Bob Brill 39:35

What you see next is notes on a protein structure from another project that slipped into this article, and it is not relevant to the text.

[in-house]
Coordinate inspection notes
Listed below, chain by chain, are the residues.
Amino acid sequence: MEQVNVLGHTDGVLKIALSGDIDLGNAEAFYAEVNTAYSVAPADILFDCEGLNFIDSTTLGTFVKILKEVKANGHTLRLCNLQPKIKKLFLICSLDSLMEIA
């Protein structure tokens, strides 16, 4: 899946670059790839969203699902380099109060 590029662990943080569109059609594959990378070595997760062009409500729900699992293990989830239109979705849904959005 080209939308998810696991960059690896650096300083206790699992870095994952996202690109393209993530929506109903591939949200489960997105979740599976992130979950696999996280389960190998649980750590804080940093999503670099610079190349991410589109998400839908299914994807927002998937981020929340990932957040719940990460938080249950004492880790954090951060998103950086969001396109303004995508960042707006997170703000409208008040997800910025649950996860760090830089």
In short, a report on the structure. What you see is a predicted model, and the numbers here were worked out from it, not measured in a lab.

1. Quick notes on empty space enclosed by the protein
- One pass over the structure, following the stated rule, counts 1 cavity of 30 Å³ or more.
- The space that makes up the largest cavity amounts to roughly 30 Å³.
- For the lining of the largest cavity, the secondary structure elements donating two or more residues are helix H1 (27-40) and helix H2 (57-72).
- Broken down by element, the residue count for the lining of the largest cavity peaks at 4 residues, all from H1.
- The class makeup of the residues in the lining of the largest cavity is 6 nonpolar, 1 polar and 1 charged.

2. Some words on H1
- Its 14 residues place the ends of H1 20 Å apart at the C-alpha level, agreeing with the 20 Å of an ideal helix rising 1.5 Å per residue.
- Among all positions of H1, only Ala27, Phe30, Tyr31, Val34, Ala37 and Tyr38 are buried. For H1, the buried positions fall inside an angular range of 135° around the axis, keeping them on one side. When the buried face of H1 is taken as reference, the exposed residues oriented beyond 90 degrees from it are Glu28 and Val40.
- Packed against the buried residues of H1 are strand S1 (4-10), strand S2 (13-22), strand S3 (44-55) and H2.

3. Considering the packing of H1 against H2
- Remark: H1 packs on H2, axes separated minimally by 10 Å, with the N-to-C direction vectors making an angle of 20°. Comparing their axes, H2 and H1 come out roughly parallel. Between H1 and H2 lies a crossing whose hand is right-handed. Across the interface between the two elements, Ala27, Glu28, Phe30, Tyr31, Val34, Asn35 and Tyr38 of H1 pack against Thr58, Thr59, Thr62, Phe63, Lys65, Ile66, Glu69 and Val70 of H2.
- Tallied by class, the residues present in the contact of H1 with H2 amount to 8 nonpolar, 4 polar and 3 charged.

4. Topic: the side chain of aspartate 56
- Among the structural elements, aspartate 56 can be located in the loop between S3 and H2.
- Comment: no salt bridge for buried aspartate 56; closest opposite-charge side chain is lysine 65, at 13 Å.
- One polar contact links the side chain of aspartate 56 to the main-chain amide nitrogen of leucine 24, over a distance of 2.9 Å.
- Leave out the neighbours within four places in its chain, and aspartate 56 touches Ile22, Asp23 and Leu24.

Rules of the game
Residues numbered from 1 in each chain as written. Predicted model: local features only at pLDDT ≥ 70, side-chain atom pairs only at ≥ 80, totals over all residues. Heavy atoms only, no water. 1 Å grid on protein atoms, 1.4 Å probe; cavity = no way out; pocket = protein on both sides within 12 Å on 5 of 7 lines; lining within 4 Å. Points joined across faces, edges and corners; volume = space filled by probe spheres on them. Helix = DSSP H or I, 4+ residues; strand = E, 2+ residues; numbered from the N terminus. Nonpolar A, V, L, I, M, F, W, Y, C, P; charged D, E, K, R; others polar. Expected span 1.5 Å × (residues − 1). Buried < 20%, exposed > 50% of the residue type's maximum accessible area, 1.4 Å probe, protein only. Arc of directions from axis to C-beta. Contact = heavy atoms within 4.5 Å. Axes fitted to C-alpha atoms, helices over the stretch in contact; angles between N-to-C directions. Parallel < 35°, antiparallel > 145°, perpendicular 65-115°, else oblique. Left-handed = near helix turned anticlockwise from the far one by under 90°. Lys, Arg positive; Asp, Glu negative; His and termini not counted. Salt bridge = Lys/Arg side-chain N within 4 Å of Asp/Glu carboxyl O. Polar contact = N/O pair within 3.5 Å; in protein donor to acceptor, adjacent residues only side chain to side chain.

anyway, so I I'm describing it and I was very aware of my surroundings. I was very aware. And I had made my plan to exit how I was going to exit I was will be safe and everything else. Well, I got distracted. A guy dressed very nicely, came up, came toward me and said, What the hell are you doing here and I let my guard down. I stepped away from the phone booth. I said As you can hear on the audio, audio tape, a reporter of, you know, doing my job, whatever I said, and then he looked past me. And thank God, I wasn't 10 years younger, because it was 10 years younger, I would have been quicker. And I would have turned and look to see what he was looking at. But I didn't turn fast enough. And what happened was, there was a guy with a 64 ounce beer bottles in his hand, and he smashed it on my head. If I turned around to get it right in the middle of the face could have been blinded. That was I could have had class all over my face. Any any number of things would have happened. And as it was, I got on the side of my head, punctured eardrum cracked skull, I immediately went down. And then whoever it was started kicking and beating me, and you can hear that on the tape. I stopped, and I grabbed the phone. And I said, Did you get that? And they said, Yes. I said, Well, I just had the crap beat out of me. I'm gonna head to the hospital. I said, go, go, go. And so I I started to leave. My thumb was broken, smashed, difficult to get into my car, turning the key. And I knew as soon as I started the vehicle, there were people coming toward my car. And I knew that soon as I started, I would get a car to get him rocks and bottles and which is exactly what happened. And a guy and I don't know if it's a guy beat me up or what. But there was a guy, I caught a corner, my eye on the right hand side, winding up with a piece of rock junk rock concrete, and he was winding up like a pitcher wood, and was gonna throw it in my car. And immediately, my right rear window exploded, and the rock landed in the backseat. And just, you know, I took off. And I could luckily, I couldn't see anything because was beer and all kinds of stuff on my windshield. And I luckily, there was nobody in front of me when I left. Or if they weren't they they moved pretty quickly. Because I couldn't see I have my glasses were gone. My tape recorder was stolen. I was I couldn't see what was on the road in front of me until I got down the road, about a half mile, call the desk again, then went to the hospital. And but that audio tape, and I always said I still have a rock today, that audio tape is unheard, how many millions of times it's on pretty much almost every internet video of the riots that put people put up on YouTube, they'll play part of that I only copyright to it now than I did. And I even have it on my website. I mean, I don't have any probabilistic to it. It's not. It was my it happened to me, it was my moment. Physically, I've recovered, except I still have some negative effects. My I have caused some pain in my neck, you know, from the early arthritis that the beating brought on. And, and some of the other damage that you know, it's evidently negligible. But when you're dealing with your neck and your spine pain happens?